Jack and I finally made it the following year and we visited City Hall and met the Mayor and also Jacques Boisvert, a Magog citizen, who was interested in historical matters concerning his home town. This was the start of something important to us.

Through the efforts of Jacques and as many crew members we could contact we arranged a Magog reunion in October 1988. While we were only able to muster 21 sailors (along with their ladies), out of a crew of 150, it was a big success

In 1944 I had visited Magog to represent the Captain and attend a fund raising concert for the benefit of the ship. I met Ernest Pouliot at that time who was Mayor of Magog, I believe, and, it seemed, he was also in charge of the concert. At our 1988 reunion Mr. Pouliot was honorary President of the Reunion Committee and it was a real bonus for me to meet him again after 44 years, and I thanked him for his kindness to me in 1944 and for his work in setting up the reunion.

The town of Magog was very generous to us. We assembled at the cenotaph for a ceremony and marched along Main Street with our Captain, Louis Quick, leading us. We marched to a nearby church for a memorial service. It was a great occasion for those who were present.

In December 2000 I received a phone call from Edison Stewart of Ottawa who was the son of Errol Stewart, a shipmate on the Magog. He and his young son, Justin, were interested in meeting and we did have an enjoyable get together at Christmas time in Ottawa. I left some pictures with them and was able to fill in some blanks about the ship and its travels.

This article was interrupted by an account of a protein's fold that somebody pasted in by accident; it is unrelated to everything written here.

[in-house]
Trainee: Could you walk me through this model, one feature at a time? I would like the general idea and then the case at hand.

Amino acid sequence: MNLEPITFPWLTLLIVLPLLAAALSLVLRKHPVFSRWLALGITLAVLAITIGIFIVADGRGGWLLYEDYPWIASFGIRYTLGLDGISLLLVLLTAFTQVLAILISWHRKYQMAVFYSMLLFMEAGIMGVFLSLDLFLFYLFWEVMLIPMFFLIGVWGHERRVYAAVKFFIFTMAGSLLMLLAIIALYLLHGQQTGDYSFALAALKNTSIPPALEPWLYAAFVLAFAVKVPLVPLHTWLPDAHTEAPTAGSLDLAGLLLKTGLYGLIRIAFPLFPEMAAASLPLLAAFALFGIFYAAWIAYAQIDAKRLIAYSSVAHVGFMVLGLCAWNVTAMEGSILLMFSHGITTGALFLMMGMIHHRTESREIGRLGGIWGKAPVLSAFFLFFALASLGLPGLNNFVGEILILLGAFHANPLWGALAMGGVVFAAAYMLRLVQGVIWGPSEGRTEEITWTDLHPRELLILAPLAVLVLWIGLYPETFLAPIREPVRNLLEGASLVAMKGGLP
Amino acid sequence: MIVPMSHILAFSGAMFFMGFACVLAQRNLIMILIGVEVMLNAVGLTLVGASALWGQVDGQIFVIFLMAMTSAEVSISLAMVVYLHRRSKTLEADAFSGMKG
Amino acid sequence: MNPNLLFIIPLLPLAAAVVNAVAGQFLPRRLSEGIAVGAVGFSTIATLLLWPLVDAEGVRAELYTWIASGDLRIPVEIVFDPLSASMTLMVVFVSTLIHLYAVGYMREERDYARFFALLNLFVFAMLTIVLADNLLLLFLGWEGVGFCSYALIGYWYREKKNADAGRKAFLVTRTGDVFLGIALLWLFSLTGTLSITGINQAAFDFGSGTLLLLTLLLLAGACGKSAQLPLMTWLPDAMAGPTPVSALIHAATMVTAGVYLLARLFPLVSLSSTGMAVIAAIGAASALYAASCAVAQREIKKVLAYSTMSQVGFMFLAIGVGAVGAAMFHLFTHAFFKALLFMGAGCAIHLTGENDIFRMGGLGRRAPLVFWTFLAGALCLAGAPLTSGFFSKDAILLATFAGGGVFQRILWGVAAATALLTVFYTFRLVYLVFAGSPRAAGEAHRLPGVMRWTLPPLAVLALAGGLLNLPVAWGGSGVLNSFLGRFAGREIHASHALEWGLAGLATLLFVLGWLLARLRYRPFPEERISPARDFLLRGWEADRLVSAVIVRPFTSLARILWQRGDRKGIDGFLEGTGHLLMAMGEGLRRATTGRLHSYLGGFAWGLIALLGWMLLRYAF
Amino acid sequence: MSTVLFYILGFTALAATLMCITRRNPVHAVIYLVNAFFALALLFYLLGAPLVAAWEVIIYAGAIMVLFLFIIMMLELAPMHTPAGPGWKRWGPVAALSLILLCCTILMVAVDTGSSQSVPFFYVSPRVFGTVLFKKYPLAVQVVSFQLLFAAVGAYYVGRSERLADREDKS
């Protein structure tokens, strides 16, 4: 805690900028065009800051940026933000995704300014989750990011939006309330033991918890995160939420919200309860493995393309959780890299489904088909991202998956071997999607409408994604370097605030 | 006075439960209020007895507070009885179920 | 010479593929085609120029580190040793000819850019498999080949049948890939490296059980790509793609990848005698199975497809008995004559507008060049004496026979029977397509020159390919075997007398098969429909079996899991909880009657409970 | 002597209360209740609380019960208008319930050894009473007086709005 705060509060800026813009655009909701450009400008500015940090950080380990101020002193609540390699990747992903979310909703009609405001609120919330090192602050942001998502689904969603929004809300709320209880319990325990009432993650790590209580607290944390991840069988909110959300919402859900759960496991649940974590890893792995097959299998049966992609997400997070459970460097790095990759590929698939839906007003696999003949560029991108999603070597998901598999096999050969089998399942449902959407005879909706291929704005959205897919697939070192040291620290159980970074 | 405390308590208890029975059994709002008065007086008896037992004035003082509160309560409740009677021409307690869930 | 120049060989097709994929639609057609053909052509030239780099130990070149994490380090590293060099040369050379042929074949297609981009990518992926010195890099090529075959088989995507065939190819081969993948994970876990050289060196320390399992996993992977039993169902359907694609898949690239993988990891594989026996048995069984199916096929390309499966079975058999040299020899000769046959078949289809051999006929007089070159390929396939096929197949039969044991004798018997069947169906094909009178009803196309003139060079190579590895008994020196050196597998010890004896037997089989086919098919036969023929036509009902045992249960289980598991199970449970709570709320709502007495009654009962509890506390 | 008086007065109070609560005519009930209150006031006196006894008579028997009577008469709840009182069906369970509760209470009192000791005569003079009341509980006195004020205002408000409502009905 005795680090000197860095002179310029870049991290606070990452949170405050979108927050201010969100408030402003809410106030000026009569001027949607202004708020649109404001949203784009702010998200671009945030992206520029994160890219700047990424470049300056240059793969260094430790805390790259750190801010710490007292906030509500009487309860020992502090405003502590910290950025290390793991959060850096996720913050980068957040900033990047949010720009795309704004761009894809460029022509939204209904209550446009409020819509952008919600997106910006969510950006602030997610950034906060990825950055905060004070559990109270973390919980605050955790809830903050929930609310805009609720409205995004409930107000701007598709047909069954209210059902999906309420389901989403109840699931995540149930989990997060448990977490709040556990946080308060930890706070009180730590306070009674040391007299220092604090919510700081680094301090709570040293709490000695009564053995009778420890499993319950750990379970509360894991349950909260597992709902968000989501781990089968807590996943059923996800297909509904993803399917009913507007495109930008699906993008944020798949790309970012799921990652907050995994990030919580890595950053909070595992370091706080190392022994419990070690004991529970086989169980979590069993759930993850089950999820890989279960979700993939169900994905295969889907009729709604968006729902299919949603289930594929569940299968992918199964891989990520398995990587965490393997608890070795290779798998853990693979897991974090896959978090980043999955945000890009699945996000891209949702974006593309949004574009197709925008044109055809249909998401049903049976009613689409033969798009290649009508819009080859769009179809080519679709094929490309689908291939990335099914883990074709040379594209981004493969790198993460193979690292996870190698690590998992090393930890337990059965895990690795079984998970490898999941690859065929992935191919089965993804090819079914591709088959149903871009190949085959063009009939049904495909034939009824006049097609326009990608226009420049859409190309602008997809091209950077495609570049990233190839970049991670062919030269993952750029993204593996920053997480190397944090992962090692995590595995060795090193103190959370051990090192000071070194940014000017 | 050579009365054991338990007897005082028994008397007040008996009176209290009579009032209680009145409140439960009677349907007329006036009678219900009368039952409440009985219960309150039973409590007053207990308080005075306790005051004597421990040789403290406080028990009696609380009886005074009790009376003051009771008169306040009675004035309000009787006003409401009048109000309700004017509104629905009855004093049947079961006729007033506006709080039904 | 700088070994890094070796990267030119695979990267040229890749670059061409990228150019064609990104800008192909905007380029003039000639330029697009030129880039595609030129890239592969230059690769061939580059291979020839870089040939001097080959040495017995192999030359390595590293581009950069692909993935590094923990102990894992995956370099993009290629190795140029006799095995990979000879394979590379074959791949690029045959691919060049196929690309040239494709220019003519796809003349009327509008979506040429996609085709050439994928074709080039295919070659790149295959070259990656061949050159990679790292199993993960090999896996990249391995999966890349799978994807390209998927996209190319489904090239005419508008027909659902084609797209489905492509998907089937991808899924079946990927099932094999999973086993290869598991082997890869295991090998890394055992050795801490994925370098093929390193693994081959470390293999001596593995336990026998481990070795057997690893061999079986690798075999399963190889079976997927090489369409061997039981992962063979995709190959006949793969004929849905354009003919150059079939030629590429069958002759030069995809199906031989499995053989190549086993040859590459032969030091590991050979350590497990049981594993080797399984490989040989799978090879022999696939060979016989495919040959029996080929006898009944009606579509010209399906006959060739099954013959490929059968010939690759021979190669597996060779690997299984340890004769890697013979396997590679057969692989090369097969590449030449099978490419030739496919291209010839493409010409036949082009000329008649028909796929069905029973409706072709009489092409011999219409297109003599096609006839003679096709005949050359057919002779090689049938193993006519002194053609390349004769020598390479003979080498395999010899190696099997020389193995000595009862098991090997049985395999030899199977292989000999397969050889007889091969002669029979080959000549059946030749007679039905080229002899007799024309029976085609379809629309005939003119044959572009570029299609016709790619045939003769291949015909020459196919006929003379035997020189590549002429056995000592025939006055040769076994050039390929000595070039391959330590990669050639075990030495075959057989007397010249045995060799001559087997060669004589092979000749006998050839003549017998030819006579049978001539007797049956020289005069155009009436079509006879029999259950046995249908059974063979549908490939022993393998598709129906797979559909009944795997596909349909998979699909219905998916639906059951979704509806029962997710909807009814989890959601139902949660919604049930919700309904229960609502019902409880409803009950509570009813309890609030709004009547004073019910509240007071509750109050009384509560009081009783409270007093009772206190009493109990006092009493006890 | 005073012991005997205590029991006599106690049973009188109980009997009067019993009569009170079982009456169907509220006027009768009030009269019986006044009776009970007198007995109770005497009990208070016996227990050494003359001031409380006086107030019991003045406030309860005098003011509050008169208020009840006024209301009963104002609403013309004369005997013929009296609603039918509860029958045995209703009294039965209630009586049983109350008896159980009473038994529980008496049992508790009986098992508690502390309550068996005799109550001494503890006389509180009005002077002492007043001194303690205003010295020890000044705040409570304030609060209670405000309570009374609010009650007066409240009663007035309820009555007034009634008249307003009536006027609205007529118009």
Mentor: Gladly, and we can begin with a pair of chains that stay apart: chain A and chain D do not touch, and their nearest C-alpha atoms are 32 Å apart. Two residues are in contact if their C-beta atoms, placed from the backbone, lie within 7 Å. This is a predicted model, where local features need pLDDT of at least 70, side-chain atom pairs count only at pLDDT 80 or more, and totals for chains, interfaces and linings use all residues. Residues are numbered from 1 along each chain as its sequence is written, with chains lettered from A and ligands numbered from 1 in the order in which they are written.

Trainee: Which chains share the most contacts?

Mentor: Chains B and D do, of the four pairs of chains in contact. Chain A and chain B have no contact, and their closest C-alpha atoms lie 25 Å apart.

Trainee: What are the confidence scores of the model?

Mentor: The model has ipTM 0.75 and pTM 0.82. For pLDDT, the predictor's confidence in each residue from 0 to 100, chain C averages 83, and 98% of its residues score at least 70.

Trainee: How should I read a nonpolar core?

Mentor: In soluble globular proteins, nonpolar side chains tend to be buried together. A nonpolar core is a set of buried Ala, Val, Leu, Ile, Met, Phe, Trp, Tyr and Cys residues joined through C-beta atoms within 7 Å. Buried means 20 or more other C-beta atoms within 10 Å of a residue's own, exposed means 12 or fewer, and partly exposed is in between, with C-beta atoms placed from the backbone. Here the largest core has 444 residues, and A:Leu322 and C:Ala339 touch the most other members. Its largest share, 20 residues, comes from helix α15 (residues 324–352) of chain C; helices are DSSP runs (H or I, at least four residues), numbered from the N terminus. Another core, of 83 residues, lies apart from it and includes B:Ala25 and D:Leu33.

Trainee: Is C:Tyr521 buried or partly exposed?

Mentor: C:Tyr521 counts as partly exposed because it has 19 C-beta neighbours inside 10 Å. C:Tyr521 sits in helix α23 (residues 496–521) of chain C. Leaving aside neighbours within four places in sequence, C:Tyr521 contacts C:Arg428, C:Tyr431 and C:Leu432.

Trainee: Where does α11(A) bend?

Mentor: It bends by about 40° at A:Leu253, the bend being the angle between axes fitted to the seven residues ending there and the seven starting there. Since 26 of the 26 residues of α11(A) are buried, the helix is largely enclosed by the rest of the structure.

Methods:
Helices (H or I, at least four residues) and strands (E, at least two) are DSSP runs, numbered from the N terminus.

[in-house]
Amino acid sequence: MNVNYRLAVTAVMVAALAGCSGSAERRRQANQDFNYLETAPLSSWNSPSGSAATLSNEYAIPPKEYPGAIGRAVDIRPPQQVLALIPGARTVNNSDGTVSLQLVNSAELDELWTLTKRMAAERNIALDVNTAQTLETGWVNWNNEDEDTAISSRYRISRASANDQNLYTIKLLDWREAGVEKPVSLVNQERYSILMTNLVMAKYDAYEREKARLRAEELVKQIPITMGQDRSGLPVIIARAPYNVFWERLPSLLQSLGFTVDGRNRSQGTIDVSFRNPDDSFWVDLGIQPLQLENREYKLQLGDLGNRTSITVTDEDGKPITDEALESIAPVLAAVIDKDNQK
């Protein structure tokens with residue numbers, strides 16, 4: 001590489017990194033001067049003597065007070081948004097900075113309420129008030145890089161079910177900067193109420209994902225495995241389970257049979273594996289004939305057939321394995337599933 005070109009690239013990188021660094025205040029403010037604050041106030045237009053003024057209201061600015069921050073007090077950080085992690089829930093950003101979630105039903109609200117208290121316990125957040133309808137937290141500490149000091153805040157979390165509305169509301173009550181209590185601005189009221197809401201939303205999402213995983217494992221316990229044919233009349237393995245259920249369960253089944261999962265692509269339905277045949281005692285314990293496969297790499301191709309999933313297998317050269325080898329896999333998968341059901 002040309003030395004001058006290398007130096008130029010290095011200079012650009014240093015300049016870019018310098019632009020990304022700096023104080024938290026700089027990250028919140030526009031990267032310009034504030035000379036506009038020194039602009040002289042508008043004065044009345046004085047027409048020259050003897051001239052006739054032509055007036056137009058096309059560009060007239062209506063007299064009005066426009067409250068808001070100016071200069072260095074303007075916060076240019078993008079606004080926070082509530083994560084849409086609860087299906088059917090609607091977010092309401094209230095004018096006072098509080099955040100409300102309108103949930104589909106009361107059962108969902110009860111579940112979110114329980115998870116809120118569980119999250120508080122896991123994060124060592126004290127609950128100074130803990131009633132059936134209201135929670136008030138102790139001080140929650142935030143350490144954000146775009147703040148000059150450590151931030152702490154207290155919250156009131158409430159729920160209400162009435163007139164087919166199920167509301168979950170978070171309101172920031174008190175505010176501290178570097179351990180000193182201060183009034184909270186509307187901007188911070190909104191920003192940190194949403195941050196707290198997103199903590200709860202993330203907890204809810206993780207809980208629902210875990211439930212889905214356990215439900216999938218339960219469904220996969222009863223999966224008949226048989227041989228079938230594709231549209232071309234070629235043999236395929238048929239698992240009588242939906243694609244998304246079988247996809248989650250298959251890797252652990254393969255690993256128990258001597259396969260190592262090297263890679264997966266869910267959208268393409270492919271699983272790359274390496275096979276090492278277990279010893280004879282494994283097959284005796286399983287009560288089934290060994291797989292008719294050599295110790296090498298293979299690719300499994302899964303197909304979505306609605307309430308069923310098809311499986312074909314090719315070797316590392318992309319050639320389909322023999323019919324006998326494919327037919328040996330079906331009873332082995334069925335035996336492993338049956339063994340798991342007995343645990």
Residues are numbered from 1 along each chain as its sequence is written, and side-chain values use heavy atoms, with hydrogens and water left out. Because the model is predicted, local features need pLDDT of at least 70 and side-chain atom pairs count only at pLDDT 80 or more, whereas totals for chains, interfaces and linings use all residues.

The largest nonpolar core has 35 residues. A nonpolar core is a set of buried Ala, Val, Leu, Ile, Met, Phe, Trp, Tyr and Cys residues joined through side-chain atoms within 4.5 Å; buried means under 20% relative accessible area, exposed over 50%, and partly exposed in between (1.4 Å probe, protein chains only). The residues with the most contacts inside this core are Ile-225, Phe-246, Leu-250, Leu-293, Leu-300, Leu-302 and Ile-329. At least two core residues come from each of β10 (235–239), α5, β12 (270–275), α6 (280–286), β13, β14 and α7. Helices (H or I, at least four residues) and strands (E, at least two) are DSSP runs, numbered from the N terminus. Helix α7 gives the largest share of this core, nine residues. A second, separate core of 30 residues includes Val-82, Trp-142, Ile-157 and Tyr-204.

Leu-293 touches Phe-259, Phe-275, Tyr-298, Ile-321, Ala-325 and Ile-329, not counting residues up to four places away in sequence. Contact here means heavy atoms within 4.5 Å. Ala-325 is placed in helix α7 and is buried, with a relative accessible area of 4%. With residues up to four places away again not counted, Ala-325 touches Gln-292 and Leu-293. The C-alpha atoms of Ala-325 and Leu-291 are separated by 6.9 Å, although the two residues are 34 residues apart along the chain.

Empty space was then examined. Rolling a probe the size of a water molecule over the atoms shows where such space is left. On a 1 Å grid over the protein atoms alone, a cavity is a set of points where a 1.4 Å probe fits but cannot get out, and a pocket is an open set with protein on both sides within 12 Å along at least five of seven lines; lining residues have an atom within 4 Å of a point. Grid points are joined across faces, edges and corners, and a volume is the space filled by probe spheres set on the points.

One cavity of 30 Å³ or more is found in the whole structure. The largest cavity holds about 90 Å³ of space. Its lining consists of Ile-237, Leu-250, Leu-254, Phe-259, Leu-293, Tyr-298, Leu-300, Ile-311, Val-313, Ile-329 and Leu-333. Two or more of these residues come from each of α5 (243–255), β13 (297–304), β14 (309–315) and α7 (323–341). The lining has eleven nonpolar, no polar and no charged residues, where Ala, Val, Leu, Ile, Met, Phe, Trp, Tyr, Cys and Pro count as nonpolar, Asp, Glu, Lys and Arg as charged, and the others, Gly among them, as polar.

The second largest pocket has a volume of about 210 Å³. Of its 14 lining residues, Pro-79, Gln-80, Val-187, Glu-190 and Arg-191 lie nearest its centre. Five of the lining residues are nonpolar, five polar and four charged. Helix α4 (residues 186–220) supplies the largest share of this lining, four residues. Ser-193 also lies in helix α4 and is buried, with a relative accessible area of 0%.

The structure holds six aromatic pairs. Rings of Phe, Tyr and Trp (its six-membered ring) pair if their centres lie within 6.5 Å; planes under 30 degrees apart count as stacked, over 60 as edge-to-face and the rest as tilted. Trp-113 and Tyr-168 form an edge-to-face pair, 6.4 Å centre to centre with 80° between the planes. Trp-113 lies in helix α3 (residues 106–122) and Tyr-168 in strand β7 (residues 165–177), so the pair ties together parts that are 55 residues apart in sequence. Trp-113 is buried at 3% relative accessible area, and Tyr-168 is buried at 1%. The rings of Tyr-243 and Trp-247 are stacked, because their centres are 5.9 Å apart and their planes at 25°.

From this beginning you have this web site (This is the Site originally created by Edison Stewart). The German submarine U1223 finished the frigate Magog, but the good news for the crew was that we were transferred as a whole crew to another Canadian fighting ship HMCS Waskesiu where we continued the search for German subs until VE day in May 1945.

Herb Montgomery

The following is from http://www.duffpublishing.ca/waskesiu/27-herb-montgomery.htm

High waves made life difficult on a ship as they rocked the vessel and washed across the decks. In walking on deck, it would be necessary to grab onto the railings to keep a balance or risk being knocked down and swept overboard. The cooks had problems with dishes on the tables and pots and pans on the stove. Both the tables and stove had railings on their edges to corral the items, lest they slip onto the deck as they skated across those surfaces.

Possibly the worst malady was seasickness, which could be a disaster for anyone so stricken. Number One —his executive officer—had been seasick on his first ship, but he was able to conquer it. Many sailors desired so much to be able to do the same.

Herb was born in Montreal, Quebec. He joined the Navy at HMCS Cartier, in Montreal, and took his basic training at HMCS Cornwallis, near Deep Brook, Nova Scotia. He served in the RCNVR from 1942 to 1945 on HMCS Magog and HMCS Waskesiu. He found the food on both ships very good.